From the blog CS@Worcester – You have reached the upper bound by cloudtech360 and used with permission of the author. All other rights reserved by the author.

Why Vue

There are several frontend frameworks available to pick from, so why do we use Vue? To research about Vue and learn about its benefits, I decided to read blogs from Vue mastery, specifically one written by Lauren Ramirez.

  • Vue does not use up too much memory. Vue allows us to import only the pieces of the library that we need, which means whatever we don’t use will be removed for us via treeshaking.
  • Virtual DOM (Document Object Model) uses compile-based optimization resulting in faster rendering times.
  • To work with Vue, we did not have to learn HTML, CSS, and JavaScript. It was surprisingly easy how we were able to learn as we go.
  • Vue has many libraries that can be added as needed. Some of which are:
    • Vue Router (client-side routing)
    • Vuex (state management)
    • Vue Test Utils (unit testing)
    • vue-devtools (debugging browser extension)
    • Vue CLI (for rapid project scaffolding and plugin management)
  • Vue’s one of the best features – Composition API;
    • We are able to group features into composition functions then call them in the setup instead of having large unreadable and unmaintained code directly in setup.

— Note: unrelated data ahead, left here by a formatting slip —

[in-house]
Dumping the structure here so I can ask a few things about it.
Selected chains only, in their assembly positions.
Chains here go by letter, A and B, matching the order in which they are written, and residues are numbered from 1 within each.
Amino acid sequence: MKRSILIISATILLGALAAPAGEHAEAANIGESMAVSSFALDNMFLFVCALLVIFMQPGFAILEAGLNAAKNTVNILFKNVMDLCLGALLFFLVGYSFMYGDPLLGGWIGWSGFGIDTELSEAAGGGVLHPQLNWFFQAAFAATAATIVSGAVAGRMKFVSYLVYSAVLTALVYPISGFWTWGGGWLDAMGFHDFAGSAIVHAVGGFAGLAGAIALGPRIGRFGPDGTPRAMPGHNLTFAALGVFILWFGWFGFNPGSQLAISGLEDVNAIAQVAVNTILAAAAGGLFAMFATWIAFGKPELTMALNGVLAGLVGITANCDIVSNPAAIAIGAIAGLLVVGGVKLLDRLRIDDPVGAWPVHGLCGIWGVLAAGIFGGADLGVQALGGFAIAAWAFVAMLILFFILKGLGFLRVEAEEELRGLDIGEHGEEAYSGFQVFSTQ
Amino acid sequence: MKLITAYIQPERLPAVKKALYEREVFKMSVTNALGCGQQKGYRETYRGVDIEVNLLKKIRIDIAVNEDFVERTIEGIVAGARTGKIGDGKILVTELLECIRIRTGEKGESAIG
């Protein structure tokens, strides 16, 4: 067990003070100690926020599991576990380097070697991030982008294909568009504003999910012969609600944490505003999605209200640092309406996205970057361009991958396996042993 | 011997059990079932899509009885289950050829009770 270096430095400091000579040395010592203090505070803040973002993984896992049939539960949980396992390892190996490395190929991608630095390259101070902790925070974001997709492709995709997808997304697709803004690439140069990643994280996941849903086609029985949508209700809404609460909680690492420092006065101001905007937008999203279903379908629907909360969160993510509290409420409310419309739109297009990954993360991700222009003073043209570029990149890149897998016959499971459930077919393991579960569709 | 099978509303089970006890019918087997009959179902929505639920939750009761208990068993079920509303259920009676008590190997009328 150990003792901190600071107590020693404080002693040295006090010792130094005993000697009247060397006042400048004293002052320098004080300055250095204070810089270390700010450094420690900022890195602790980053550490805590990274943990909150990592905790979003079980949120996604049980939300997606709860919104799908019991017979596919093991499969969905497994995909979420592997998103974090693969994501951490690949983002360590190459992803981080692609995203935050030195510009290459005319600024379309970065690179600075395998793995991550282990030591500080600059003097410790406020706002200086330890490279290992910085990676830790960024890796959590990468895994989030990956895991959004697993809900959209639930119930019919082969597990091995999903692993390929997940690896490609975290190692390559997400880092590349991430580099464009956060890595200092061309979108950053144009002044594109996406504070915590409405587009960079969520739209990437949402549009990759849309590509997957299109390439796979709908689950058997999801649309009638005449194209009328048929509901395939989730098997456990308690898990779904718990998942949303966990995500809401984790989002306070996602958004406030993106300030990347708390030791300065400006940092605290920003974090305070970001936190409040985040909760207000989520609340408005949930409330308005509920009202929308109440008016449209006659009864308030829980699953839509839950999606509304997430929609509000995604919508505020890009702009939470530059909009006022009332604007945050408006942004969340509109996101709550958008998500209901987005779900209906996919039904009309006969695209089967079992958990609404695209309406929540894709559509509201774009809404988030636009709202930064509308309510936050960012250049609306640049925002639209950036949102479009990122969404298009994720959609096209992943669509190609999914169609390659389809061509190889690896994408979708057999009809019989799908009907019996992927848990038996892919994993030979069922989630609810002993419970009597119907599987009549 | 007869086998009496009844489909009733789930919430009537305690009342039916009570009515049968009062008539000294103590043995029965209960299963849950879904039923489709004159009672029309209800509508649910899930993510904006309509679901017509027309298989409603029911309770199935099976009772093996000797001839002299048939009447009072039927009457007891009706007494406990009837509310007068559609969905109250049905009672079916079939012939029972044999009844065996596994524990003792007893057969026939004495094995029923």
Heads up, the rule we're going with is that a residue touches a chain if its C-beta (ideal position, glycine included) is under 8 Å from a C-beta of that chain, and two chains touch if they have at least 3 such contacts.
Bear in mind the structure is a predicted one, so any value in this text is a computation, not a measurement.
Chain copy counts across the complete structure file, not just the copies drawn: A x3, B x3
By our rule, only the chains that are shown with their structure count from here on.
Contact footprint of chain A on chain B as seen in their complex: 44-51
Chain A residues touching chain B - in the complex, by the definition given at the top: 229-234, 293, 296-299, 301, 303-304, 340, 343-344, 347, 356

• We are able to export features from components into the functions. This means we don’t have to keep re-writing code and avoid having useless repetition.
  • Vue has enhanced support for TypeScript users as well.
  • In Vue, we are able to use multi root components. In most front-end frameworks component template should contain exactly one root element because sibling elements aren’t allowed. The way around to that problem is using functional components, they are components where you have to pass no reactive data means component will not be watching for any data changes as well as not updating itself when something in parent component changes. However, they are instance less and you cannot refer to them anymore and everything is passed with context. With the multi root component support of Vue (Vue 3), there are no such restrictions and we can use any number of tags inside the template section.
  • Vue 3 gives us the Teleport component, which allows us to specify template HTML that we can send to another part of the DOM. Sometimes a piece of a component’s template belongs there logically, but it would be preferable to render it somewhere else. This is useful for things like modals, which may need to be placed outside of the body tag or outside the Vue app.
  • Most importantly, Vue is open source. Vue has complete freedom to be community-driven and its bottom line is the satisfaction of its end users. It doesn’t have to answer to the company-specific feature demands and corporate bureaucracy.